As a small business owner who is facing the prospect of filing for bankruptcy, the waters can be a little murkier than for the average individual who has only personal unsecured debt. There are a variety of factors that can influence which type of bankruptcy you are eligible to apply for and which bankruptcy protection would be the most suitable given your particular circumstances. Certain situations would call for the application for Chapter 7 others for a Chapter 11 and still others would warrant filing for Chapter 13 bankruptcy.
If you are a sole proprietor of a small business you are considered both, a business and an individual, as one entity. This means that the advantages that may be realized by Chapter 7 bankruptcy may be offset by the lack of exemptions allowed under a business bankruptcy.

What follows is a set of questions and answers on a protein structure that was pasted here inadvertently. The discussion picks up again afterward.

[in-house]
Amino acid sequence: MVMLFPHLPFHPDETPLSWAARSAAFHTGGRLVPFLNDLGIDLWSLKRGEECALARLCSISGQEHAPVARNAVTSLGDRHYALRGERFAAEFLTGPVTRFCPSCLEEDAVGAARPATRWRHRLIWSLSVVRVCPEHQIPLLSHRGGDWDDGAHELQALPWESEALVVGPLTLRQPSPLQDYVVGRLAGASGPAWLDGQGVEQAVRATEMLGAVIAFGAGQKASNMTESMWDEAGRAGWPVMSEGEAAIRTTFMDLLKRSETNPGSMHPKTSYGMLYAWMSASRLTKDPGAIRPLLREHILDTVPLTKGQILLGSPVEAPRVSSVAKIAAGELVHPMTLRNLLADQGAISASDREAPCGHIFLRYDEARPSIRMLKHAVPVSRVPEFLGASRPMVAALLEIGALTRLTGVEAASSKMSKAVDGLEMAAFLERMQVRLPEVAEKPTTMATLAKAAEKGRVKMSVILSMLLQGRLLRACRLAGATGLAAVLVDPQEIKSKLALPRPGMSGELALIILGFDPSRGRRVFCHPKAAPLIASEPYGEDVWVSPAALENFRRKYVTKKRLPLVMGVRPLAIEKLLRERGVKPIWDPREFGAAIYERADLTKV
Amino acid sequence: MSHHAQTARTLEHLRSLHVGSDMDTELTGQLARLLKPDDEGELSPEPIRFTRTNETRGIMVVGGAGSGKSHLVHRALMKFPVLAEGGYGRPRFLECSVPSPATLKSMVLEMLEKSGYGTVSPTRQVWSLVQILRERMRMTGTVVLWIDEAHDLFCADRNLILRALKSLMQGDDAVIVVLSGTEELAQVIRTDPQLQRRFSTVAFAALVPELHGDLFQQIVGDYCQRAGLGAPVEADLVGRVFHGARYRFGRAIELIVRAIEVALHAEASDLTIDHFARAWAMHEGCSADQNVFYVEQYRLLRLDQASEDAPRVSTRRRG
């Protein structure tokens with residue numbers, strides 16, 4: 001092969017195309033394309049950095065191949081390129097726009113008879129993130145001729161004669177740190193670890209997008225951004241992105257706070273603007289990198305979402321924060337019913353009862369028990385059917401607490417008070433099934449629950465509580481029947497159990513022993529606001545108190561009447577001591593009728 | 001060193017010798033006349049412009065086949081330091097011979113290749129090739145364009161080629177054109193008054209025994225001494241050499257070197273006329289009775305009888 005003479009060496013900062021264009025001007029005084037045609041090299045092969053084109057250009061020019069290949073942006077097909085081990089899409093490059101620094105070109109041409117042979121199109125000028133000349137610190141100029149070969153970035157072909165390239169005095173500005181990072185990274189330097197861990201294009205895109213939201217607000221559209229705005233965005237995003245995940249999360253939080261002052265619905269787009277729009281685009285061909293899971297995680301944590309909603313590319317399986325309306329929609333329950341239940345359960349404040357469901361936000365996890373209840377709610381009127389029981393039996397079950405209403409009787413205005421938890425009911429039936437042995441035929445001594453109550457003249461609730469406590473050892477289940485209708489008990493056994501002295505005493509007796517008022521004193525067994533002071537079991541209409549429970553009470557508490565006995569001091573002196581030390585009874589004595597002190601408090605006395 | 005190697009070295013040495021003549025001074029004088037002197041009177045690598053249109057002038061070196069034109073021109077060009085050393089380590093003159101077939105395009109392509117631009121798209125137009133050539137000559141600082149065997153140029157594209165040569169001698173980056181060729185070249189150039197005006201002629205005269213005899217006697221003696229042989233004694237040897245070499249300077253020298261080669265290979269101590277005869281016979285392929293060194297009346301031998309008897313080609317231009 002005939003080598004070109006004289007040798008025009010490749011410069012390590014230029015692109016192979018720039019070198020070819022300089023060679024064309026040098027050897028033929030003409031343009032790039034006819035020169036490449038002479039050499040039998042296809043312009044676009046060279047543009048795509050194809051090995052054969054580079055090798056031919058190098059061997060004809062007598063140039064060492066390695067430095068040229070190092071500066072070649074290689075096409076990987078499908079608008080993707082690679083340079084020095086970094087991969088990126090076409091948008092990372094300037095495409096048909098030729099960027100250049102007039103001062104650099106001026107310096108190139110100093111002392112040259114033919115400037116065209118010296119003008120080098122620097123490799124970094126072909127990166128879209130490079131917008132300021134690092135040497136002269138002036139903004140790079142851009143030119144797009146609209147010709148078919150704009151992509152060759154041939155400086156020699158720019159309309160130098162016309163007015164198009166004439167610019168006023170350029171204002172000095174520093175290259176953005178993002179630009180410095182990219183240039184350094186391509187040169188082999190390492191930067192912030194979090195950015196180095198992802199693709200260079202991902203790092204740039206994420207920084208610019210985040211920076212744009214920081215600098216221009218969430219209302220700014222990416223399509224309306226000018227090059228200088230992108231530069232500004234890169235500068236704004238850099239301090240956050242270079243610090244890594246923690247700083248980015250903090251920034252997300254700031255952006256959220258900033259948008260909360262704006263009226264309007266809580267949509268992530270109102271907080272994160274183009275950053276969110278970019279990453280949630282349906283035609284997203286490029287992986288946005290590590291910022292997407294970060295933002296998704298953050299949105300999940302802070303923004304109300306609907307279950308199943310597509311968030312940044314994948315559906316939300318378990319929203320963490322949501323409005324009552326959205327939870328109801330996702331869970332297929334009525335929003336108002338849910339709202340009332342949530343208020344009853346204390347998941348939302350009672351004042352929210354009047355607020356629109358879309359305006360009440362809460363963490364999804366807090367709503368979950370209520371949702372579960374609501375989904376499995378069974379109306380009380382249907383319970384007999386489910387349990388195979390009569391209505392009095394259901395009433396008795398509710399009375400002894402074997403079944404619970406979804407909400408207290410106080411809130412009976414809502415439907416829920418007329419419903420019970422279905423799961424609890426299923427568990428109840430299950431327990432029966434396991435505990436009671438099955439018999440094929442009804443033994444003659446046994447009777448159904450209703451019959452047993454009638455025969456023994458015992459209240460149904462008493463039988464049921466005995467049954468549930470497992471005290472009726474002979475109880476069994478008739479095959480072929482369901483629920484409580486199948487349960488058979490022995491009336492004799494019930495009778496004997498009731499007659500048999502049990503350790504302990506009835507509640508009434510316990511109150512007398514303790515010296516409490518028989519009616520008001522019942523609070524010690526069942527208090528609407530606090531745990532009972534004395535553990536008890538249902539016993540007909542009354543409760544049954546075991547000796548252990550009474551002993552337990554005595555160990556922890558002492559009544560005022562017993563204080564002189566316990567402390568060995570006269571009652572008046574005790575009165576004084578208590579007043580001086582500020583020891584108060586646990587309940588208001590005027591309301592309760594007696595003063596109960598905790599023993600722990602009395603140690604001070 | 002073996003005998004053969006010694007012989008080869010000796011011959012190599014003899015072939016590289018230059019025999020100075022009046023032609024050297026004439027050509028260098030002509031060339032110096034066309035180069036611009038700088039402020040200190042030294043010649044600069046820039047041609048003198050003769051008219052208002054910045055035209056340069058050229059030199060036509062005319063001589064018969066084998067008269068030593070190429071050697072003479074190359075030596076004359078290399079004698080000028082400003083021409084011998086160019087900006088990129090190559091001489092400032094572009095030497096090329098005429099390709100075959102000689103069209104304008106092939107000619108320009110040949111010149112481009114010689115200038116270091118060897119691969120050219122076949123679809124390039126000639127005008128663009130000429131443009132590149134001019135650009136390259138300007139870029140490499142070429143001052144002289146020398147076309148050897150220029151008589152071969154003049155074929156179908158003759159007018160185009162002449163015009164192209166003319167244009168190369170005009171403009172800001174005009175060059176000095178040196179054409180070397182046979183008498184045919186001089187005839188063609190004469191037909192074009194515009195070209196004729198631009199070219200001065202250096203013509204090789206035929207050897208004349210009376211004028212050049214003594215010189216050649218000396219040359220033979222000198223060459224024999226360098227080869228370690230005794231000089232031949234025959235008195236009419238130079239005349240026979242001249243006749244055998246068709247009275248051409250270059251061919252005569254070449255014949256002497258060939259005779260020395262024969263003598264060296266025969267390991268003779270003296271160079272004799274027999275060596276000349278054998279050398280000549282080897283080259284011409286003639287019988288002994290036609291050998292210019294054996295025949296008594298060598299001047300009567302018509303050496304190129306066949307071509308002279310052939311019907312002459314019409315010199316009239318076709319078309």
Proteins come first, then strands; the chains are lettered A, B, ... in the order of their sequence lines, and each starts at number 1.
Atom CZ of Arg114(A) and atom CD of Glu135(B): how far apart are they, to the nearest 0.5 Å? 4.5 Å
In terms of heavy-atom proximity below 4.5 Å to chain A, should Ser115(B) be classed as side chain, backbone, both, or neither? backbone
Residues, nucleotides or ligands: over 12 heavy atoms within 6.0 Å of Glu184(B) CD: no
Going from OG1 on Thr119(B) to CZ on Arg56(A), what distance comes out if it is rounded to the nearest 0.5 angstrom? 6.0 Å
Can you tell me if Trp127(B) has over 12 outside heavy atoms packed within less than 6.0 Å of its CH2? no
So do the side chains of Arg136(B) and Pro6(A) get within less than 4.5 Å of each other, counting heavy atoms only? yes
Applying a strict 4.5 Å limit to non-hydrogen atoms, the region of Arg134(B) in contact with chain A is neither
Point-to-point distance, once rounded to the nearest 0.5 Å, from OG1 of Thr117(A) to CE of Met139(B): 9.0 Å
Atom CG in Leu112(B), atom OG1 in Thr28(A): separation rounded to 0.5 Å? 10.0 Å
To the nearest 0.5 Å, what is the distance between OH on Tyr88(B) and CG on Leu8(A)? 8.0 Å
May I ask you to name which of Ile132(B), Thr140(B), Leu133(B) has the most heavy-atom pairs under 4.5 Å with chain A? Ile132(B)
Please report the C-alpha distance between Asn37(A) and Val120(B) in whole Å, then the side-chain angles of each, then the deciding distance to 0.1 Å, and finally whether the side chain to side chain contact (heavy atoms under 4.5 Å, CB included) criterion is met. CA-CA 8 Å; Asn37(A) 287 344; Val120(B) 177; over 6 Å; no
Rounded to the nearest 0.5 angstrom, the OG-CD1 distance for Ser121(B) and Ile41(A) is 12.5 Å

The rules for a sole proprietor and Chapter 11 and Chapter 13 are even more involved and complex and in most cases take a very much longer time to complete than a Chapter 7. The process involves the courts finding the balance so that you are able to provide your creditors with repayment structured over a certain period of time and in many cases will even allow you to stay in business in order to continue bringing in revenue if the business is still deemed profitable.
The intricacies of sole proprietorship almost always require the assistance of a qualified bankruptcy attorney. Dayton Ohio has it’s own set of bankruptcy rules, and an attorney who specializes in bankruptcy will help you navigate those murky waters and guide you through the process successfully.